Potential Consequences of Failure to Comply with Anti-Money Laundering Regulations
January 07, 2020

Failure to comply with anti-money laundering

Companies falling within the scope of the Swedish Measures Against Money Laundering and Terrorist Financing Act (hereinafter referred to as the Anti-Money Laundering Act) must take certain actions in order to prevent money laundering. A company failing to take such actions risks exposing both itself and its key individuals for severe consequences. Banks and other financial entities run the risk of being ordered to pay heavy fines in case of breach of the anti-money laundering regulation.

The obligation to comply with the anti-money laundering regulation applies even before any business is in place. Certain businesses under the Anti-Money Laundering Act must make a written notice to the Swedish Companies Registration Office (Sw. Bolagsverket). This applies on, e.g. operators conducting professional trade with products where it can be assumed that transactions take place in the minimum amount of EUR 5,000 in cash, usually car-dealers, or jewelers, and operators conducting professional accounting, but does not apply to, among others, an approved or authorized accountant or registered audit firm. This notice is recorded in a certain anti-money laundering registry.

If no notice is sent, the Swedish Companies Registration Office can issue an order towards the operator to register. If the operator still doesn’t register, the Swedish Companies Registration Office can order the operator to cease with its business.

In addition, a majority of all Swedish legal persons must register any beneficial owner. Registration of beneficial owner has to be done within four weeks from the registration with the Swedish Companies Registration Office. If registration is not done within the set time, the Swedish Companies Registration Office can order a legal person to register within a set time limit. Should a legal person not comply with such an order, the Swedish Companies Registration Office can, subject to a penalty payment, order the legal person or an CEO, a director or the holder of a corresponding position, to comply. The Swedish Companies Registration Office can continuously order the legal person or any key individual to pay a penalty for as long as they are not compliant.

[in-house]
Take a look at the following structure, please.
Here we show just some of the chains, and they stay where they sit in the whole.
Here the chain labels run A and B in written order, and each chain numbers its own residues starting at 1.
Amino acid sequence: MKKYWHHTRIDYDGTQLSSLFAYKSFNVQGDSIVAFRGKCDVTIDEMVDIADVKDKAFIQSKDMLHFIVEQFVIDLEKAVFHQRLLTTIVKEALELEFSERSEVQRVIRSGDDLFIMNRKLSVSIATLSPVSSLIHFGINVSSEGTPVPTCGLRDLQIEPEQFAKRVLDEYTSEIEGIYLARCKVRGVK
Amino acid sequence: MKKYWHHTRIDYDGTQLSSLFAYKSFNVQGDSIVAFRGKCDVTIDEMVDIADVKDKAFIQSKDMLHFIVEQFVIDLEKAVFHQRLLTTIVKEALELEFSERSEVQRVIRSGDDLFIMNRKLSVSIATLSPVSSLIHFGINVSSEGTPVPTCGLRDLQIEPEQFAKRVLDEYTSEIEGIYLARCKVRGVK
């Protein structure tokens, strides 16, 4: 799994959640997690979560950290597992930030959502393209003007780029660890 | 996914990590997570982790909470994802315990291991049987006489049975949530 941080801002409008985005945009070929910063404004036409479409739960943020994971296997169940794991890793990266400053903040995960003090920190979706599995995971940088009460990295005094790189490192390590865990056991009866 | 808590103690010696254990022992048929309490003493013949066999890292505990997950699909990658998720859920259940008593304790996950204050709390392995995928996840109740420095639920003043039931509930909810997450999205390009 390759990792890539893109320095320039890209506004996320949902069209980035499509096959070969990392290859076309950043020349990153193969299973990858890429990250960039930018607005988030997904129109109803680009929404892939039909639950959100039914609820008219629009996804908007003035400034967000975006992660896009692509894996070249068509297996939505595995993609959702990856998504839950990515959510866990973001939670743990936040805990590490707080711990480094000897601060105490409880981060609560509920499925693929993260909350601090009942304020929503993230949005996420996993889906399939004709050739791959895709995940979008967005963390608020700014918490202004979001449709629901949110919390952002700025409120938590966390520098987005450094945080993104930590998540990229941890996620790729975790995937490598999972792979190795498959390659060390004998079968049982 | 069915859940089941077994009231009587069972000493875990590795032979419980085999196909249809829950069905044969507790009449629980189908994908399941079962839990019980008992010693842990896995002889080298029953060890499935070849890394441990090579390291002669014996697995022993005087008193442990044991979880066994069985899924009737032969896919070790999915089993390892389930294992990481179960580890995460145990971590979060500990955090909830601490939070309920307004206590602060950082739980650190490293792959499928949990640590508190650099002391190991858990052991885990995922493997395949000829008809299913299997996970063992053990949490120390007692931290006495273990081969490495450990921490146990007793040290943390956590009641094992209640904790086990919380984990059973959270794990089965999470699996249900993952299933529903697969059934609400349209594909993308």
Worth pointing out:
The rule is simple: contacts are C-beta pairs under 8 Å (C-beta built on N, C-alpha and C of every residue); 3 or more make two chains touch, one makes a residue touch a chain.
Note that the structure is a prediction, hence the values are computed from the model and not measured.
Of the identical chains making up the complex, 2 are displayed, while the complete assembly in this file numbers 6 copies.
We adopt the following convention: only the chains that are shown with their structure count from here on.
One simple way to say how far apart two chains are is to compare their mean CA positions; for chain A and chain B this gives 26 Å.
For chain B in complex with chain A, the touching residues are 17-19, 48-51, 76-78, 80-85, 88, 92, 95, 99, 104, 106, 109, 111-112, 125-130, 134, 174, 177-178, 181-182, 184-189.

In more serious cases of breaches of the anti-money laundering regulation, an operator can also be sentenced to pay heavy fines or face prison. The severity of the sentence depends on the severity of the crime, including the extent of the money laundering. For the most serious types of money laundering, a perpetrator can be sentenced to maximum six years in prison.

Under the Anti-Money Laundering Act, a legal person can be subject to fine in the maximum amount of one million euro. However, for certain legal persons who falls under the Anti-Money Laundering Act, e.g. banks and other financial corporations, the fines are even higher, the highest amount of five million euro or ten percent of the operator’s revenue. For banks with revenues amounting to hundreds of millions of euro, such a fine could amount to tens of millions of euros.

In summary, the obligation to comply with the anti-money laundering regulation starts with the registration of the company. Should an operator not be compliant, it risks being hit with heavy fines. In worst case, an operator or a key individual of a company can be sentenced to pay heavy fines or even face prison.

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This article is presented in cooperation with Eversheds Sutherland Sweden.